Changes to the Canadian Mortgage Rules
You may have heard about the changes to Canadian Mortgage rules. How will this affect you? What’s changed? As a mortgage broker in Oakville for many years, I’ve helped hundreds of clients secure mortgage solutions they can count on. I’ve highlighted the changes below.
Homebuyers seeking an insured mortgage, regardless of down payment, are subject to a mortgage rate stress test beginning Oct. 17th, 2016. Previously, if you had less than 20 percent down payment you would’ve been required to pass a stress test. You would also need mortgage insurance backed by the federal government through the Canada Mortgage and Housing Corporation. (CMHC)
This stress test measures whether buyers could still afford to make payments if mortgage rates rose to the Bank of Canada’s posted five-year fixed rate. Which is usually significantly higher than what typical banks or other lenders can offer. For instance, TD has a five-year fixed rate mortgage at 2.59 per cent. While the Bank of Canada’s “Benchmark” rate is 4.64 per cent. The stress test also sets a ceiling of no more than 39 percent of household income being necessary to cover home-carrying costs such as mortgage payments, utilities and taxes. For past announcements and policy, you can visit www.bankofcanada.ca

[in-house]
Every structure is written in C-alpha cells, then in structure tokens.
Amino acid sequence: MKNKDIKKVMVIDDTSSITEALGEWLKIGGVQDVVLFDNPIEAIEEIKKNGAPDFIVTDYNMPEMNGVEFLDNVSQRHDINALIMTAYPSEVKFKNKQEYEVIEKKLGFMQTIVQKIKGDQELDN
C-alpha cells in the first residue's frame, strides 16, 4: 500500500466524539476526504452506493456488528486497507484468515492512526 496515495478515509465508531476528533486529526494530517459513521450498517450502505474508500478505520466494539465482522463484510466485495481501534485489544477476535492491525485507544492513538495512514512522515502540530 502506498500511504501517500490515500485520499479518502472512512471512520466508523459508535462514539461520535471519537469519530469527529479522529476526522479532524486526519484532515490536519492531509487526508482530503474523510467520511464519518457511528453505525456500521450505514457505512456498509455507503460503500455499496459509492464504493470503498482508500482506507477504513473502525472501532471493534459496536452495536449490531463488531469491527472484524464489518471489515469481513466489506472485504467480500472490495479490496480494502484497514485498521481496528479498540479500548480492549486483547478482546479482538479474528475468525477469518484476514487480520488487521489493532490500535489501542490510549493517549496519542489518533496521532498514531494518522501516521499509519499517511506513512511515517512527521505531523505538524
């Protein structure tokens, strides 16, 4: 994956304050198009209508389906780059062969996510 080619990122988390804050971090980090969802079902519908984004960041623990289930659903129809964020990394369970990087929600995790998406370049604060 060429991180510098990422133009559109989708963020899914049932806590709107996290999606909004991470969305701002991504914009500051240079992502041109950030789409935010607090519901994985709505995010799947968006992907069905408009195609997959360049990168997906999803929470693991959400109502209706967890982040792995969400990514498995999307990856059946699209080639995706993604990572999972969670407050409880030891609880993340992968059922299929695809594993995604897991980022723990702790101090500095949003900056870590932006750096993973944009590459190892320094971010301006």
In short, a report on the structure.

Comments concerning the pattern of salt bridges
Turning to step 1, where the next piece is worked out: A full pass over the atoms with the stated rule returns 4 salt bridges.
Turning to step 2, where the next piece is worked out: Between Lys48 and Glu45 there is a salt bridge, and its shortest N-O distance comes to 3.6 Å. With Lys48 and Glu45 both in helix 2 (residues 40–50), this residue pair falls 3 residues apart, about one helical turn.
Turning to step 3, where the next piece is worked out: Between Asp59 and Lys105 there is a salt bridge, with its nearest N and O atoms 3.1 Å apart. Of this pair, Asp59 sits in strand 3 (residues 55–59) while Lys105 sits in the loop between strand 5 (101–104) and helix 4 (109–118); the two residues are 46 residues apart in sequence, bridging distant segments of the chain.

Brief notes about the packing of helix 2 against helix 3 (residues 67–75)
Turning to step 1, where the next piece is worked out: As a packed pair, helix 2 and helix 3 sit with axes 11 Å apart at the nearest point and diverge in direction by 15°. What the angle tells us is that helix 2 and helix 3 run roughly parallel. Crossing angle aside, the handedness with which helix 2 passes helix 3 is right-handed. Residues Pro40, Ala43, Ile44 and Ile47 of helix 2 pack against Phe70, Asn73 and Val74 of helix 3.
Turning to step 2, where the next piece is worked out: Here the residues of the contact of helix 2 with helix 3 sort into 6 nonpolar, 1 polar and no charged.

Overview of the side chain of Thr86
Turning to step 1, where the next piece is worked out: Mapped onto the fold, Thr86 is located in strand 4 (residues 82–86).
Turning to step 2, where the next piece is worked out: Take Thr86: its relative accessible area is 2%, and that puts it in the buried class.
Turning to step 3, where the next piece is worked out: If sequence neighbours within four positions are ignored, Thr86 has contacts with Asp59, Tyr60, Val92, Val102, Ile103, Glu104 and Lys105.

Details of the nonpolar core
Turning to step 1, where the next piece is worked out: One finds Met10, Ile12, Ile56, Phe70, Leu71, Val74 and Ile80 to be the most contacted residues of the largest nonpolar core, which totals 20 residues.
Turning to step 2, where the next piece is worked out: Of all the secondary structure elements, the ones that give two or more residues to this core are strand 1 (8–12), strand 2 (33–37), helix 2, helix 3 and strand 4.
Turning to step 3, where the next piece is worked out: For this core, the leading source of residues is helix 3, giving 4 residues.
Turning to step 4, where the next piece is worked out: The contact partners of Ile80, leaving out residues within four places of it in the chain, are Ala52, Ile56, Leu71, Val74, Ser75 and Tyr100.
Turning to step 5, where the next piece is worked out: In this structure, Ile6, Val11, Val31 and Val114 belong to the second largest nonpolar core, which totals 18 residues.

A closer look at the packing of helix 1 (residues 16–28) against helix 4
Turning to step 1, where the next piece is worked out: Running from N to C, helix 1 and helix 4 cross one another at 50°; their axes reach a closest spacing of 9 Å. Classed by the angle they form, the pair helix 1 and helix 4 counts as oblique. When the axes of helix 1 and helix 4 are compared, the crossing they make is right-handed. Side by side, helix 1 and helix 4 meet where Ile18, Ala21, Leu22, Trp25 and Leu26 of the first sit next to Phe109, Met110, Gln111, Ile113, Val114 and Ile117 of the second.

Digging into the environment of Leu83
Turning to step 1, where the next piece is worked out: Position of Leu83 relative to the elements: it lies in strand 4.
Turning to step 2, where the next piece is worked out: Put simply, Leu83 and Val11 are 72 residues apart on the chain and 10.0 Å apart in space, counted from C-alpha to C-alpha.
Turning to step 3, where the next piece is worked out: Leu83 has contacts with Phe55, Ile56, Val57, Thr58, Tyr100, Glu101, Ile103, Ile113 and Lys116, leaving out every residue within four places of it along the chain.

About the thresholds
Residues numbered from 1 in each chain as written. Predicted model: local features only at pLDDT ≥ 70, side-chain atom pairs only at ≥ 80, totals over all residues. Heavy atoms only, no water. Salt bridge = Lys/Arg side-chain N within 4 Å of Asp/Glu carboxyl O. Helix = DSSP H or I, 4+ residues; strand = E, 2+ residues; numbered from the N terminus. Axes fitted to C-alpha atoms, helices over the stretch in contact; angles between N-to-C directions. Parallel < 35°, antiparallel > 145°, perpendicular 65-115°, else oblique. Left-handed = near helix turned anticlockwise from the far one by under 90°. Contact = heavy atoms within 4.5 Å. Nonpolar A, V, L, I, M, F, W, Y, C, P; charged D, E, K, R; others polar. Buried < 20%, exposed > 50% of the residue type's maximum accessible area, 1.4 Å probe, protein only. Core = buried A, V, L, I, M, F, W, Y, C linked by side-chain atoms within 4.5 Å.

Before the changes, buyers with 20 percent down payment opting for mortgage insurance have escaped such scrutiny. Being able to obtain low-ratio insurance sold through two private insurers. Being backed by the federal government, subject to a 10 percent deductible. Starting Nov.30th 2016, new criteria for low-ratio insurance will take effect. To qualify, the mortgage’s amortization period must be 25 years or less, the purchase price less than $1 million, the property is owner-occupied, and the buyer must have a credit score of 600 or more. For more details you can visit www.cmhc-schl.gc.ca
These new rules also come with major tax implications. Beginning this tax year, all home sales must be reported to the Canada Revenue Agency. (CRA) The gains from sales of primary residences will remain tax-free. However, the government is aiming to block foreign buyers from purchasing and flipping homes while falsely claiming primary residence. Which creates an exemption from capital gains tax.
Whether you’re looking at buying a new home, investment property or refinancing an existing property. Don’t worry, despite the changes you’re in good hands. Together we’ll review the best options and I’ll support you every step of the way. Through the application and closing process.
If you would like more information on how these rules directly impact you and your family, give us a call 416-898-7600 ext 288.